Between Faith & Doubt -- page 3 of 6

Vedder's fascination with classical references and antique beauty had begun well before he discovered an affinity with the ideas of the Rubáiyát. It had come to the fore already in the 1870s. Undoubtedly, his 1870 trip to England bolstered his interest because there he saw the works of such notable "Olympians" as Frederick Leighton as well as Alma Tadema's domestic glimpses of the ancient world. In 1875 he proposed the subject of "Greek Girls Bathing" to J. P. Morgan. The painting of this subject, which was finished early in 1877, indicates that Vedder had arrived at a female type that would appear in much of his work throughout the rest of his career. Round-breasted and full-hipped with fleshy shoulders and small ovoid heads, these womanly figures express the classical and High Renaissance sense of dignity, grace, and freedom of the human form. Their classical garments flow about their ample bodies, accentuating their easy movements, or fall away to reveal a shapely breast or float, windborn, in an arabesque.

The composition ofGreek Girls Bathing is complex, including seventeen figures, and for it Vedder painted a series of cut-out figures, apparently to try a variety of arrangements. He painted the composition again some thirty years later with changes in detail and proportion, so evidently the theme pleased him. The modeling and detail of the earlier version are more finished than in the later, and the grouping of the charming young women by threes is more of an academic study.

Not only does Vedder's Rubáiyát present imagery in classical guise, it reflects also his preoccupation with rather unorthodox Christian formulations, such as those underlying his strange crucifixions in which the living mingled with the resurrected dead. There was another element of expression that found statement in the design of the book that belonged neither to classical style nor Christian thought. Vedder contrived a powerful visual symbol of his own, which, as he said, became an ever-recurring feature in his Rubáiyát illustrations. It is a double swirl representing, in Vedder's words, "the gradual concentration of the elements that combine to form life; the sudden pause through the reverse of the movement which marks the instant of life; and then the gradual, ever-widening dispersion again of these elements into space." [10]

This double swirl of two interlocking S shapes (which are mirror images of each other) begins in wide rippling contours at the upper and lower edges of a page, but accelerates and contracts as the swirls meet in a loop. Such a dynamic, interlocking movement serves as a background structure for the frontispiece, which Vedder called Omar's Emblem. In the upper swirl is the title and in the lower a skull (the traditional Christian mememto mori); at their junction, which Vedder in his notes termed the instant of life, is a nightingale, perched upon the skull but singing exultantly. The transciency of life and yet its sensuous delight are symbolized also by the faded rose beneath the skull, its petals carried away by the swirling current.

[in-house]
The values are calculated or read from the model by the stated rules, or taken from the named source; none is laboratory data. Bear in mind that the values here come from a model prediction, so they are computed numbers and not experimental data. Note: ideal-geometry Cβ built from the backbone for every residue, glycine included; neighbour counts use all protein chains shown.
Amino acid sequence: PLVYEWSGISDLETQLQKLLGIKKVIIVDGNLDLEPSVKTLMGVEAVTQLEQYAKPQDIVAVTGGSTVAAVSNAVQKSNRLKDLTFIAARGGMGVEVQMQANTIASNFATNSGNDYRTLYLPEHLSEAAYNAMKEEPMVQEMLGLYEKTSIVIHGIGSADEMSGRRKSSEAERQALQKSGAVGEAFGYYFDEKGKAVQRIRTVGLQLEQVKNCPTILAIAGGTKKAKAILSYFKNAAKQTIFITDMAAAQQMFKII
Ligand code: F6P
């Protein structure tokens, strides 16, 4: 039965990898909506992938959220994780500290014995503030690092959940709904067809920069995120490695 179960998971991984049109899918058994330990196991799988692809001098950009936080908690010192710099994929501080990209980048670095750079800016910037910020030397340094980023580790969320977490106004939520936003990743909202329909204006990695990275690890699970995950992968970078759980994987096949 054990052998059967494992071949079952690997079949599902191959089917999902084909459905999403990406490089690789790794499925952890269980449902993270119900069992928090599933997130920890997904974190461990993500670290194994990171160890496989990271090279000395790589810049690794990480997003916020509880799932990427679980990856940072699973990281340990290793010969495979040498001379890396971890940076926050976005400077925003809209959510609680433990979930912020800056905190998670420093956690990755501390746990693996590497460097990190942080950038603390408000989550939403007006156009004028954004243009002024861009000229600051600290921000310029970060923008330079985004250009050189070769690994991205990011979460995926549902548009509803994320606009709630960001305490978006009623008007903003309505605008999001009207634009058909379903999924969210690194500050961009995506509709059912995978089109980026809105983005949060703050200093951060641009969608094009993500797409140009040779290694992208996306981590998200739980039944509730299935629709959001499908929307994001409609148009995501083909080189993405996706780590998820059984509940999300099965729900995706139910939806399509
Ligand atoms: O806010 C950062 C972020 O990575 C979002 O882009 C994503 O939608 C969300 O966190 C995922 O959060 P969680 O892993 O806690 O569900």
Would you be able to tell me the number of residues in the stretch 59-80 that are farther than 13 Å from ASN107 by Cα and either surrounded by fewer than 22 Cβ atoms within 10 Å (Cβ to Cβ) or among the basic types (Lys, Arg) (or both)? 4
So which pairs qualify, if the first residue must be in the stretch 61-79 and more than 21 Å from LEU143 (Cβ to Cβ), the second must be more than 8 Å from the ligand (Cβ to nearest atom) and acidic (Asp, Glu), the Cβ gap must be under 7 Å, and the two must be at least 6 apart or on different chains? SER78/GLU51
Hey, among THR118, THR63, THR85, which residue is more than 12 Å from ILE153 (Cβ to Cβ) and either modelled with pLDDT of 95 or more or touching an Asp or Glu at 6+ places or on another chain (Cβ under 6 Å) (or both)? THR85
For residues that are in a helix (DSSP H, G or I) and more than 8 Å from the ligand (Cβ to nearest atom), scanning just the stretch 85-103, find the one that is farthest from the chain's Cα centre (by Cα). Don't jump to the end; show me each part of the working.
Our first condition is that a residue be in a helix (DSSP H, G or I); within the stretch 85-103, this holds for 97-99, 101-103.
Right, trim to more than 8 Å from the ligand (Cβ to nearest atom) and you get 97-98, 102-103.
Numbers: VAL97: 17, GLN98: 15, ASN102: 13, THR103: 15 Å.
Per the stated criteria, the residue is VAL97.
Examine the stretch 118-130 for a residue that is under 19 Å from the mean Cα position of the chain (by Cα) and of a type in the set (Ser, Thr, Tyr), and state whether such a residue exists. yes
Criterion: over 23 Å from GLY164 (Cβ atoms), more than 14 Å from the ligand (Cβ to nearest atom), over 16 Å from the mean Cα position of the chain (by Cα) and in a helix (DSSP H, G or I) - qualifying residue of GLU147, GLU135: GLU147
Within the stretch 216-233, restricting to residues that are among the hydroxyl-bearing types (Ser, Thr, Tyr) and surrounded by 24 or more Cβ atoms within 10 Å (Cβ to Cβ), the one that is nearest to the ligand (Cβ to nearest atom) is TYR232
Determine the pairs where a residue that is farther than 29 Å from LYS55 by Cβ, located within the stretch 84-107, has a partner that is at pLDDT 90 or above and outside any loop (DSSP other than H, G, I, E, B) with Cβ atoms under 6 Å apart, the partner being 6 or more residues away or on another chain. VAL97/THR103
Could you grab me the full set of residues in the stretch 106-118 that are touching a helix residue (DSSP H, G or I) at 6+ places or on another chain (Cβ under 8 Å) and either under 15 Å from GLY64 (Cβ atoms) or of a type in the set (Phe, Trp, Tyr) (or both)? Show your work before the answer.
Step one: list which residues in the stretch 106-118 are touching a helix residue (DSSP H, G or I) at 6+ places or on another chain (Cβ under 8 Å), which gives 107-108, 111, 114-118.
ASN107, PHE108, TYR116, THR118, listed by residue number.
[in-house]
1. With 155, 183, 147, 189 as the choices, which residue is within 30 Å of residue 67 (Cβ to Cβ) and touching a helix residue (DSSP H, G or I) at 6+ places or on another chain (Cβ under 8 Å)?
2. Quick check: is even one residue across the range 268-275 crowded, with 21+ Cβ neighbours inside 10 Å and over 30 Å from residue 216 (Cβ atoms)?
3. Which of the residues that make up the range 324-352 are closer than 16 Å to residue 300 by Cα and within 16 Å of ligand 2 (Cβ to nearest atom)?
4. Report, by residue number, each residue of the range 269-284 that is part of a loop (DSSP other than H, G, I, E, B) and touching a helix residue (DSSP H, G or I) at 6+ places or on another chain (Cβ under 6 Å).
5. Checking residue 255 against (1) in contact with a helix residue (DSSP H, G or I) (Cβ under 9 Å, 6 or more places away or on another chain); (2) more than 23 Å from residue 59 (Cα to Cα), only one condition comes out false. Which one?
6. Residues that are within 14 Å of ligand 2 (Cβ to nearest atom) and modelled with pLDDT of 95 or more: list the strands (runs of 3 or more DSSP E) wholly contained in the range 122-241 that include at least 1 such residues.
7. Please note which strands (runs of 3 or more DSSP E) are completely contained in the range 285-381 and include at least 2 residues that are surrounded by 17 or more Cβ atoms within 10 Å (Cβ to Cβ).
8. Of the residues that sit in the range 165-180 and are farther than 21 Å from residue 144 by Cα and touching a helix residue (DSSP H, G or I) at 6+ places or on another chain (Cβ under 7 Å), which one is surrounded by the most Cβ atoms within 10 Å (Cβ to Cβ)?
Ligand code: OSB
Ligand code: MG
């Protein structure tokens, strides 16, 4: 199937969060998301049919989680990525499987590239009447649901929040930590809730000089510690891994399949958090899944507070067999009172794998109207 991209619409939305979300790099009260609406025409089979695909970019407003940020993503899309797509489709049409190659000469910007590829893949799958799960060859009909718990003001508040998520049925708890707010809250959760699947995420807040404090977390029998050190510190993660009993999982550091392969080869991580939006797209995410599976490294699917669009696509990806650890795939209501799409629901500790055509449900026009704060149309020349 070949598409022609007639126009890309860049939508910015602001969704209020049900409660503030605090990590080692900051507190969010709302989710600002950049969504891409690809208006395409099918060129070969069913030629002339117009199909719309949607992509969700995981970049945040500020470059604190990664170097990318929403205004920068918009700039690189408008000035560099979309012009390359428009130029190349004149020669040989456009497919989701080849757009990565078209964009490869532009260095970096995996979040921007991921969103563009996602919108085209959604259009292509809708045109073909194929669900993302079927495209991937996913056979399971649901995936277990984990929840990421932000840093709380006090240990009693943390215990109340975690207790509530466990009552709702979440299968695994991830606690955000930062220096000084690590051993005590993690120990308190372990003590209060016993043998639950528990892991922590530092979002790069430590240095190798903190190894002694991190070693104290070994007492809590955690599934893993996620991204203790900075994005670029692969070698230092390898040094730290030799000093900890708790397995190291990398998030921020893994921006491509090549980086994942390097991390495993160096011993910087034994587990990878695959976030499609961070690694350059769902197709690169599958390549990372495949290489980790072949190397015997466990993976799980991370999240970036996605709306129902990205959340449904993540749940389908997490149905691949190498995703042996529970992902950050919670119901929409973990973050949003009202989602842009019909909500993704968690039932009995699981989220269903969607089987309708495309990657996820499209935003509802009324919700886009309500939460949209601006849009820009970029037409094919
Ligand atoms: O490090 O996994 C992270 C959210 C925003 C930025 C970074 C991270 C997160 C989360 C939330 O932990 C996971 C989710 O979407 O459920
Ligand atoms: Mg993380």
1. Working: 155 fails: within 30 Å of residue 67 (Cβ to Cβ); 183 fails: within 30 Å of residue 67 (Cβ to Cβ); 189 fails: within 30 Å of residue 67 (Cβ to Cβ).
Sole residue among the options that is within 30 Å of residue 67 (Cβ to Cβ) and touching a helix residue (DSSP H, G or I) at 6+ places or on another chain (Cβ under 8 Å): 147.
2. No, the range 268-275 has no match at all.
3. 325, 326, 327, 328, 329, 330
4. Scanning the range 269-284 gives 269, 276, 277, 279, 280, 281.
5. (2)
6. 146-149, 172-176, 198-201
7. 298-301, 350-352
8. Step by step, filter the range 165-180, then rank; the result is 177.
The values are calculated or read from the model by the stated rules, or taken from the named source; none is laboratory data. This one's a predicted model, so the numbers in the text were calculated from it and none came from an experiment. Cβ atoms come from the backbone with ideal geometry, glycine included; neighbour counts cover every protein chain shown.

The same pervasive symbol is used as the background for the poem's most despairing quatrian, here ambiguously related to a Christian reference. Although Vedder titled the drawing The Cup of Despair, he placed at its center a chalice rather than the low, footless wine cup seen in all of the other plates. The chalice, wreathed in swirling clouds, floats suspended at the central point, the "instant of life."

By tracing the development of one thematic group of plates, Vedder's way of using Omar's verses for his own ends, enriching and expanding their meanings through association with a broader context, becomes more evident. There is, for example, a thematic unity linking verses 75 through 81. The theme is announced by the familiar quatrains 75 and 76:

The Moving Finger writes; and, having writ,
Moves on: nor all your Piety nor Wit
Shall lure it back to cancel half a Line,
Nor all your Tears wash out a Word of it.

And that inverted Bowl they call the sky,
Whereunder crawling coop'd we lived and die,
Lift not your hands to It fot help-for It
As impotently rolls as you or I.

These lines are set by Vedder against a star-pricked, planet-filled darkened sky. At the left a powerful eagle perched on a rocky eminence looks out at the heavens, but its left foot is chained. Vedder, in his Notes, titled this plate Limitation and commented that the eagle chained symbolized man's faculties, and that the irrevocability of the laws of nature are symbolized by "the stars bound together with their courses rigidly defined through space." Having established this psychological setting, he goes on in the following plate, for which he does not include accompanying verse, to "illustrate" more literally the quatrains themselves. In this drawing, titled by Vedder The Recording Angel, a sober male angel writes in the book before him. Beneath him are many beseeched hands, and Vedder notes that the attendant angels "may well have ears bandaged to shut out the agonized appeals of humanity lifting up its hands in hopeless supplication." Thus Vedder has taken the disembodied literary image of the "moving finger," with its Eastern anonymity and abstract philosophical connotations, and transformed it in such a way as to add to Omar's imagery the suggestion of a Christian dimension.


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